Part 2 Chapter 5

Section 5—Romans 7:18, 19.

For I know that in me (that is, in my flesh) dwelleth no good thing; for to will is present with me, but how to perform that which is good, I find not. For the good that I would, I do not: but the evil which I would not, that I do.

From these words the following things may be fairly concluded, namely, If no good thing dwells in a regenerate man, that is, in his flesh, much less in an unregenerate one, who is wholly flesh, carnal, and corrupt; and if in a renewed man, where there is a will, there is not a power to do that which is spiritually good, much less able is an unrenewed man to do that which is so, who has neither power nor will; and if such is the strength of corrupt nature in one that is born again, as often to hinder him from doing that good he would, and to put him on doing that evil he would not, how much greater must its strength be in unsanctified persons? These conclusions will appear to be just, if it is but allowed, that the apostle is here speaking of himself, and of himself as regenerate. But to this, the following things are excepted.

1st. "The scope of the place;[1] which is to show the necessity of the abrogation of the law, from the inefficiency of it to deliver men from sin; since it rather increased it; to prove which, an unregenerate person, in whom sin reigns, was the most proper instance the apostle could pitch upon." But to this may be replied, that though the apostle, in the beginning of the chapter, is speaking of the abrogation of the law to believers by the body of Christ, yet, nearer the discourse in controversy, his obvious scope and design is to show the spirituality and perfection of the law; that it was holy, just, and good, and that it was owing to the weakness of man that it was not fulfilled. This he could not better illustrate and exemplify than in a regenerate person; for if such an one does not come up to the spirituality of the law, and is not able to keep it perfectly, it cannot be thought that an unregenerate man should.

2ndly The coherence of the words;[2] It is observed, "that the apostle speaks of an unregenerate man from verse 7 to the l4th, and therefore, why should it be thought that he discontinues his discourse concerning him?" In answer to this it should be observed, that the apostle, even within the limited period, is not speaking of a man in a pure, natural estate, but of himself, under great convictions of sin, under the powerful work of the law upon his conscience, showing him the exceeding sinfulness of sin. Besides, the apostle changes the tense;for whereas, within the mentioned compass, he speaks in the past tense;from verse 14, to the end of the chapter, he uses the present tense.And therefore supposing, that in the former part of the chapter, he considers himself as unregenerate; there is good reason to conclude, he does not continue his discourse of himself as such, or of any unregenerate man. And whereas it is urged,[3] that he says in verse 9, I was alive without the law once,or I lived without the law once;which it is observed cannot be true of him in his own person, seeing he was born a Jew, and brought up under the law all his days: it may be replied, that though he never lived without the letter of the law, vet without the knowledge of the spirituality and perfection of it; or that he was alive,that is, in a fair way for heaven and eternal life, in his own apprehensions, before the law came with power, and entered into his conscience; but then sin,which lay before as dead, revived,and he died to all his hopes of obtaining life by his obedience to it.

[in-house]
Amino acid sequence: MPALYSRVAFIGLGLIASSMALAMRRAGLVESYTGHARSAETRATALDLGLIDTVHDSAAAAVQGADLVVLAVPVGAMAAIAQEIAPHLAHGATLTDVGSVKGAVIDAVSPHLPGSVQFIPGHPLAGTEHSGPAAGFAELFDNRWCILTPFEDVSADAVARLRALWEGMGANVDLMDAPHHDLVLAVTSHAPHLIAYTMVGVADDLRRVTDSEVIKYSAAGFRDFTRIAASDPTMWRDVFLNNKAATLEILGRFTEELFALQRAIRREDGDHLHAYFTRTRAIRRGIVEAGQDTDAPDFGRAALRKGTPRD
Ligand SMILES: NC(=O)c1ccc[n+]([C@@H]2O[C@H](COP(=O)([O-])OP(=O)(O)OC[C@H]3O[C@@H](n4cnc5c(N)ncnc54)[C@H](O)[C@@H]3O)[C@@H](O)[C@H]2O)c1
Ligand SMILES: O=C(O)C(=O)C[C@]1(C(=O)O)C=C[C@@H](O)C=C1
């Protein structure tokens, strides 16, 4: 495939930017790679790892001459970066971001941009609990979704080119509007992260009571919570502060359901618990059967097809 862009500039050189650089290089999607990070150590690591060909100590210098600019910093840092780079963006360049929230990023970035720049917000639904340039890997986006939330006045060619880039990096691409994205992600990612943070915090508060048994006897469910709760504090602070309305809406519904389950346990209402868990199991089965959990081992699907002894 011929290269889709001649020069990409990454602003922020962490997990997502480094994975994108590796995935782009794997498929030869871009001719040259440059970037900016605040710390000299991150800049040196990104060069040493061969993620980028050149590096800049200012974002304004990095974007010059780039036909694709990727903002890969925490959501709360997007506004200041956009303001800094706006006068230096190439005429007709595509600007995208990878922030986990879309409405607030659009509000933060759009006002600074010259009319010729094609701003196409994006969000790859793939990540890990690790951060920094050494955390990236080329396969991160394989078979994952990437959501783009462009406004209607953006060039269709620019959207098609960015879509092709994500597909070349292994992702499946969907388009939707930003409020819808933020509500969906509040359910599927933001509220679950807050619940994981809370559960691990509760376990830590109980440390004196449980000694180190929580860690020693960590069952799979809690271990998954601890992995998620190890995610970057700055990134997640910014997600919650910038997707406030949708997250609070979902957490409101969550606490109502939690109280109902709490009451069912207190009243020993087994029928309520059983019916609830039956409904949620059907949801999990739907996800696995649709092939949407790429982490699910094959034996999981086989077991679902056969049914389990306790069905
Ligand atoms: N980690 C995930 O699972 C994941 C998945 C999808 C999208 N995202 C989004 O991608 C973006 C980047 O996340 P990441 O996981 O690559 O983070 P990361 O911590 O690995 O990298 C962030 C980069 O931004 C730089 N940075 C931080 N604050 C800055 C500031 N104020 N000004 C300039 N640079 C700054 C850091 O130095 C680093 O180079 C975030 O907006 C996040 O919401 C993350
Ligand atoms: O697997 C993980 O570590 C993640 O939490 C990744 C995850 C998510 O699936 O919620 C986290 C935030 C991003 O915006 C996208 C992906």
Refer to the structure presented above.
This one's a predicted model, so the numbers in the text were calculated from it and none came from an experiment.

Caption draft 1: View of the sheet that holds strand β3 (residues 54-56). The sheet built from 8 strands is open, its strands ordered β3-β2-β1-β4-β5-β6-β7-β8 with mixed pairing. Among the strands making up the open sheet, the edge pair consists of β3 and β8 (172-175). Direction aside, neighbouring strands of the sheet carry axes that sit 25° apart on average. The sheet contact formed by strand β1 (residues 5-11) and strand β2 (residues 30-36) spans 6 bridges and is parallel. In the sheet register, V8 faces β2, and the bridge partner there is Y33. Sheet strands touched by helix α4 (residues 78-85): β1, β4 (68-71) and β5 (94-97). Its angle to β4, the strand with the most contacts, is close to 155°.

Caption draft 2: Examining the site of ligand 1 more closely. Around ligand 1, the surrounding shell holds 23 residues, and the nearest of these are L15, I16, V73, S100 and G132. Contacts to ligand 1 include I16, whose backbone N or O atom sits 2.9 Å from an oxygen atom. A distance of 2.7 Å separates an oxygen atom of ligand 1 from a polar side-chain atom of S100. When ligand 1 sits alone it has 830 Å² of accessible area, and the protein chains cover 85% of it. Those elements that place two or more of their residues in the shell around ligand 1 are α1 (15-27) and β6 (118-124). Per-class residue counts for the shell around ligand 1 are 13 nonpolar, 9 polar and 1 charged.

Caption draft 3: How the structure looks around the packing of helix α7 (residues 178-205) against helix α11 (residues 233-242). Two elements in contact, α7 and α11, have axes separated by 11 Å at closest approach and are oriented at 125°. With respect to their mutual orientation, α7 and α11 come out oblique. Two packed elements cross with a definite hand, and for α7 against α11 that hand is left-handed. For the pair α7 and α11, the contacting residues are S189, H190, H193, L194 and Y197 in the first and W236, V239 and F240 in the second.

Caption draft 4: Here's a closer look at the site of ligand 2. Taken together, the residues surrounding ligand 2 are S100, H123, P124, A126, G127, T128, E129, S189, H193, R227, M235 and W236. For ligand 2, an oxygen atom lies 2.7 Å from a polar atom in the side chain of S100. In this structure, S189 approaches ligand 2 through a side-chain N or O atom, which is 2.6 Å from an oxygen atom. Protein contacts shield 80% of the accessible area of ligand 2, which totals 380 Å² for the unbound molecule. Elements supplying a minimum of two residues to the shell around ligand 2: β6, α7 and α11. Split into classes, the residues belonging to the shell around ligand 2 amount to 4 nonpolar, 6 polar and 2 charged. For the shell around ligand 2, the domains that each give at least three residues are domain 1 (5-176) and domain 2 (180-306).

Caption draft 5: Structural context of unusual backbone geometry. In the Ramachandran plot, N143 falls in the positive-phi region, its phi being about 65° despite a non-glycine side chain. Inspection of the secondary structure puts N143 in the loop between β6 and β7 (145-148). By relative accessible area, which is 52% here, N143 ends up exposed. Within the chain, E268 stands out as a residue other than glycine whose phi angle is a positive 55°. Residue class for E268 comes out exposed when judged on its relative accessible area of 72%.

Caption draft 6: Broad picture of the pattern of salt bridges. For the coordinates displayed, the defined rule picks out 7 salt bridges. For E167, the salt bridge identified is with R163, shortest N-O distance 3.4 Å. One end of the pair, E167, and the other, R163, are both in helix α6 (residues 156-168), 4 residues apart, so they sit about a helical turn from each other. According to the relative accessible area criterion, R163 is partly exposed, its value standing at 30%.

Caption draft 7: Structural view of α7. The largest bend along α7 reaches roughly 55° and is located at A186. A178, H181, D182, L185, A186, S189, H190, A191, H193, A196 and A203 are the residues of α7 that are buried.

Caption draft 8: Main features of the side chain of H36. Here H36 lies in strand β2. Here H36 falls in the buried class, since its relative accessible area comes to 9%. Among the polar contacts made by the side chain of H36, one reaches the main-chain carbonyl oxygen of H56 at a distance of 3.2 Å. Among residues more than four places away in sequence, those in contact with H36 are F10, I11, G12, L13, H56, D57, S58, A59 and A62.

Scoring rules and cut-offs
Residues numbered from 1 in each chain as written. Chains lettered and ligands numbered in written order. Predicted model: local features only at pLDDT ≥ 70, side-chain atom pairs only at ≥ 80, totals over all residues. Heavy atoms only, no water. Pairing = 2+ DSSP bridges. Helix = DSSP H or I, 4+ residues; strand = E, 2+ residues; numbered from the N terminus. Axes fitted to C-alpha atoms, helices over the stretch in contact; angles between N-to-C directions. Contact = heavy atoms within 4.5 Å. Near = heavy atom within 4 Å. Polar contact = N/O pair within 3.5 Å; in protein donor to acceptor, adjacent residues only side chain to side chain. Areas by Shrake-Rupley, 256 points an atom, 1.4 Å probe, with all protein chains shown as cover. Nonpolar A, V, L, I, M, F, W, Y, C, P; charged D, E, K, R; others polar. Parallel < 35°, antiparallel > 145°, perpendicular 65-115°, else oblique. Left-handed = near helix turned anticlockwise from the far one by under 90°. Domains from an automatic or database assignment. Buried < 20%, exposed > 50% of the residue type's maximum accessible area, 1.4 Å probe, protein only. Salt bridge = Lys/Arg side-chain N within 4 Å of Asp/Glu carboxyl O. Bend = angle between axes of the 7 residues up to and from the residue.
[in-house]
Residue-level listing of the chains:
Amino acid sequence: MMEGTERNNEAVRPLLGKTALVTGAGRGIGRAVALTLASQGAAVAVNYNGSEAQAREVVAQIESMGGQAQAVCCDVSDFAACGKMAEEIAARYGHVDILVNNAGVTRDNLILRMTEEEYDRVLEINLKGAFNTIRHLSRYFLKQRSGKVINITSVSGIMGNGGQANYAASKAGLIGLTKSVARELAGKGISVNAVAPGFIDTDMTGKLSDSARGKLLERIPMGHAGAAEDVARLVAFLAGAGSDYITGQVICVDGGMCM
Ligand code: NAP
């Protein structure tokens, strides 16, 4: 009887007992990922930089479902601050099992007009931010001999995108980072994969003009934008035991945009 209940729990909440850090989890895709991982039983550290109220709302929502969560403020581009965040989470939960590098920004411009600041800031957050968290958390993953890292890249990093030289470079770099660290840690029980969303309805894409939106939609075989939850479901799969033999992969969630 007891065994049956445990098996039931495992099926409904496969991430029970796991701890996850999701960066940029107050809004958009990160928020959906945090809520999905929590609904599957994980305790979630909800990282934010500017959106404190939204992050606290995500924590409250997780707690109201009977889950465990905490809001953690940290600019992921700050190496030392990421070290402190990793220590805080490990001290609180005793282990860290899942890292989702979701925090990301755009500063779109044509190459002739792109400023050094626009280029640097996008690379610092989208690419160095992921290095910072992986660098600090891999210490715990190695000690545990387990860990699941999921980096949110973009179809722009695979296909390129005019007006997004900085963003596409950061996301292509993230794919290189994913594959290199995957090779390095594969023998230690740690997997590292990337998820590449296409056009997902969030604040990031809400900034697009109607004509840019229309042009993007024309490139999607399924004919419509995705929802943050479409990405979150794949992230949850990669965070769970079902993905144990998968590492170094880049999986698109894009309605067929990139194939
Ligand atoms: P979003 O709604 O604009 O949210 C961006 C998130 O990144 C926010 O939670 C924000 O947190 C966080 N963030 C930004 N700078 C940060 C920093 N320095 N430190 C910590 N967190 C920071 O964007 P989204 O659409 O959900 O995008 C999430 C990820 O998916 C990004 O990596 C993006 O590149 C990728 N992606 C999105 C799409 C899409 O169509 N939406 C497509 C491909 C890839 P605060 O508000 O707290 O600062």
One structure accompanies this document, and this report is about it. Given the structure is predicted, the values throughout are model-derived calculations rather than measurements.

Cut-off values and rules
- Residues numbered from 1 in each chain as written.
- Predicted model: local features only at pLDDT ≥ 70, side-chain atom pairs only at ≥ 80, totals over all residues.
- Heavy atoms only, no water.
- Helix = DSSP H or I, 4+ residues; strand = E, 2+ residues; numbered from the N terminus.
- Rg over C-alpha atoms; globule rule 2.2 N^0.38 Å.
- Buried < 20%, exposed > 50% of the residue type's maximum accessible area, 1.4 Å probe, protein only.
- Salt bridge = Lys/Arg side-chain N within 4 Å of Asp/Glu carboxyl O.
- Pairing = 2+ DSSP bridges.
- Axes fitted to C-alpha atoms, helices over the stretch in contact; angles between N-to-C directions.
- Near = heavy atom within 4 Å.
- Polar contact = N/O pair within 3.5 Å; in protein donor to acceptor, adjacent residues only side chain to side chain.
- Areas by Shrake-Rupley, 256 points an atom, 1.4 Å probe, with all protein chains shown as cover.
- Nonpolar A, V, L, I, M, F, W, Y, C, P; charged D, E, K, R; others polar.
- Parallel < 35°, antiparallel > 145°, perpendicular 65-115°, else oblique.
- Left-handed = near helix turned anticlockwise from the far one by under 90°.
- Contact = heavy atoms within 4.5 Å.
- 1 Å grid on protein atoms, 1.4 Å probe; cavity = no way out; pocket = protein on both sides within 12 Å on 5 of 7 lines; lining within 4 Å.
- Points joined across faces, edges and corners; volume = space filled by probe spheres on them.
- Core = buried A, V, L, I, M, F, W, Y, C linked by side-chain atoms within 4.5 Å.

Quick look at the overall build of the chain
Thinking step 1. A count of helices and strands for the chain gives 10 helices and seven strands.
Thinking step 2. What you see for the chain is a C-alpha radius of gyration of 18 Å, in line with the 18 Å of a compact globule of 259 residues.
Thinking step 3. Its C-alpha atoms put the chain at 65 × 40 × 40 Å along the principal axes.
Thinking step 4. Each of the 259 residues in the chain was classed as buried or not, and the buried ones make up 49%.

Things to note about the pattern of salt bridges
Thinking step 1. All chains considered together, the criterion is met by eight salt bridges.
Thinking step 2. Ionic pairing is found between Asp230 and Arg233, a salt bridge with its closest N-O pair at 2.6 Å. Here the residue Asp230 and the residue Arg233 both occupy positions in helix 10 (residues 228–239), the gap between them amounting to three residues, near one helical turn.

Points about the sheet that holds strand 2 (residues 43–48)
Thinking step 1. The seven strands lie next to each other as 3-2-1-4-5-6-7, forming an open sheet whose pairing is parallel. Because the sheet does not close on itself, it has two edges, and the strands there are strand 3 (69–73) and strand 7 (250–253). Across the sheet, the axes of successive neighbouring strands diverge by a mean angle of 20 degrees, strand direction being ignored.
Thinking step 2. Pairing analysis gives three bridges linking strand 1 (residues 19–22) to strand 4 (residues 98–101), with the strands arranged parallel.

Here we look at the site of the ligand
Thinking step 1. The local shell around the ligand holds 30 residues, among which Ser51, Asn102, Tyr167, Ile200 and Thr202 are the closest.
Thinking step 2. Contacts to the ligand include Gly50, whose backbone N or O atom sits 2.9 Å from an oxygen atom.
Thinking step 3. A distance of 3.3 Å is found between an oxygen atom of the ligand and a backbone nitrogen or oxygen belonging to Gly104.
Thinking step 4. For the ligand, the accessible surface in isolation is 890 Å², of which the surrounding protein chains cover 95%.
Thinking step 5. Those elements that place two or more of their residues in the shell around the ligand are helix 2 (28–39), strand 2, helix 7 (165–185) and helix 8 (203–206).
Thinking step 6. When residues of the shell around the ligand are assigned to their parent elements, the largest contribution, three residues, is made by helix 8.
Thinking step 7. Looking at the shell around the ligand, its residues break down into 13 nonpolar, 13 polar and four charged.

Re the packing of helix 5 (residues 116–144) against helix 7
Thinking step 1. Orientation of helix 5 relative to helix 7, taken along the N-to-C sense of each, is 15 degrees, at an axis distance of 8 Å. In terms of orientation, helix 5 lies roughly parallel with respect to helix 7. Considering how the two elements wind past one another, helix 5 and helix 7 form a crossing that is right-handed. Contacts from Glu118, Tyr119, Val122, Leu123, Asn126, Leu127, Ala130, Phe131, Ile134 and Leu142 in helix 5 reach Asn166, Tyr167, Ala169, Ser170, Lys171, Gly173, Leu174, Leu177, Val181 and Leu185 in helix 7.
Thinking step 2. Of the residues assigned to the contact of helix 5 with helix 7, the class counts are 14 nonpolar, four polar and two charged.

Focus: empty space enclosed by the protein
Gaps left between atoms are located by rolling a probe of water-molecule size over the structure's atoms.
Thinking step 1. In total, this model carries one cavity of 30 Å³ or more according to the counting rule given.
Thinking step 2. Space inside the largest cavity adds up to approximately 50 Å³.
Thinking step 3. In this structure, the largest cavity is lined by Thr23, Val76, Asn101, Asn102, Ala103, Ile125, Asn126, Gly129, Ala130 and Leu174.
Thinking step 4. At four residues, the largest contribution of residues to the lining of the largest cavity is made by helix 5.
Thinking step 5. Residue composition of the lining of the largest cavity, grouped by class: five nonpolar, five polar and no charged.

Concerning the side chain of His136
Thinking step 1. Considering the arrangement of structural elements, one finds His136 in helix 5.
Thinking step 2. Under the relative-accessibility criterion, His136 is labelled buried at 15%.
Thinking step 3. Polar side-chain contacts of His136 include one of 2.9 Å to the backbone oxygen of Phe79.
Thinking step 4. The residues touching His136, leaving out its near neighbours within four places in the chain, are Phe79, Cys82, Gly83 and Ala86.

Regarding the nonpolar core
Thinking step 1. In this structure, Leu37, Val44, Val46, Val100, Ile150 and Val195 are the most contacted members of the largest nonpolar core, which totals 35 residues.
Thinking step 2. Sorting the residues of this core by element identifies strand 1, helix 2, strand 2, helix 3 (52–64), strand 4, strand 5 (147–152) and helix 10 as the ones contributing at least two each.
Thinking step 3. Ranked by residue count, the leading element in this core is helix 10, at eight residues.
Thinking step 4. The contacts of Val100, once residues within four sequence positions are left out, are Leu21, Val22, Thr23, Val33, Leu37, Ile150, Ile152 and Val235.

3rdly The most considerable objection is taken from the description and character of the parson spoken of; as,

1. "He is said[4] to be carnal (v. 14), whereas regenerate ones have crucified the flesh with the lusts,and are debtors, not to the flesh to live after the flesh (Gal. 5:24; Rom. 8:12)." I answer, though regenerate persons have crucified the flesh, and are not debtors to it to live after it, yet from some considerations may be denominated carnal; as partly from their first birth, and the corruption of nature they bring into the world with them; partly from the continuance of the flesh, in which dwells no good thing and with which they serve the law of sin;and partly from the lusts of the flesh,which remain in them, and war against them; and on account of which the Corinthians, though babes in Christ,and so regenerate ones, are styled and treated as carnal.Add to this, that the apostle here says of himself, I am carnal,in comparison of the law,which was spiritual.And, indeed, when compared with this, the holiest man in the world must be reckoned carnal; for if the holy angels, when compared with the Divine Being, are chargeable with folly, much more must the saints, in this state of imperfection, be accounted carnal in comparison of the spiritual law of God, which is a transcript of the divine nature.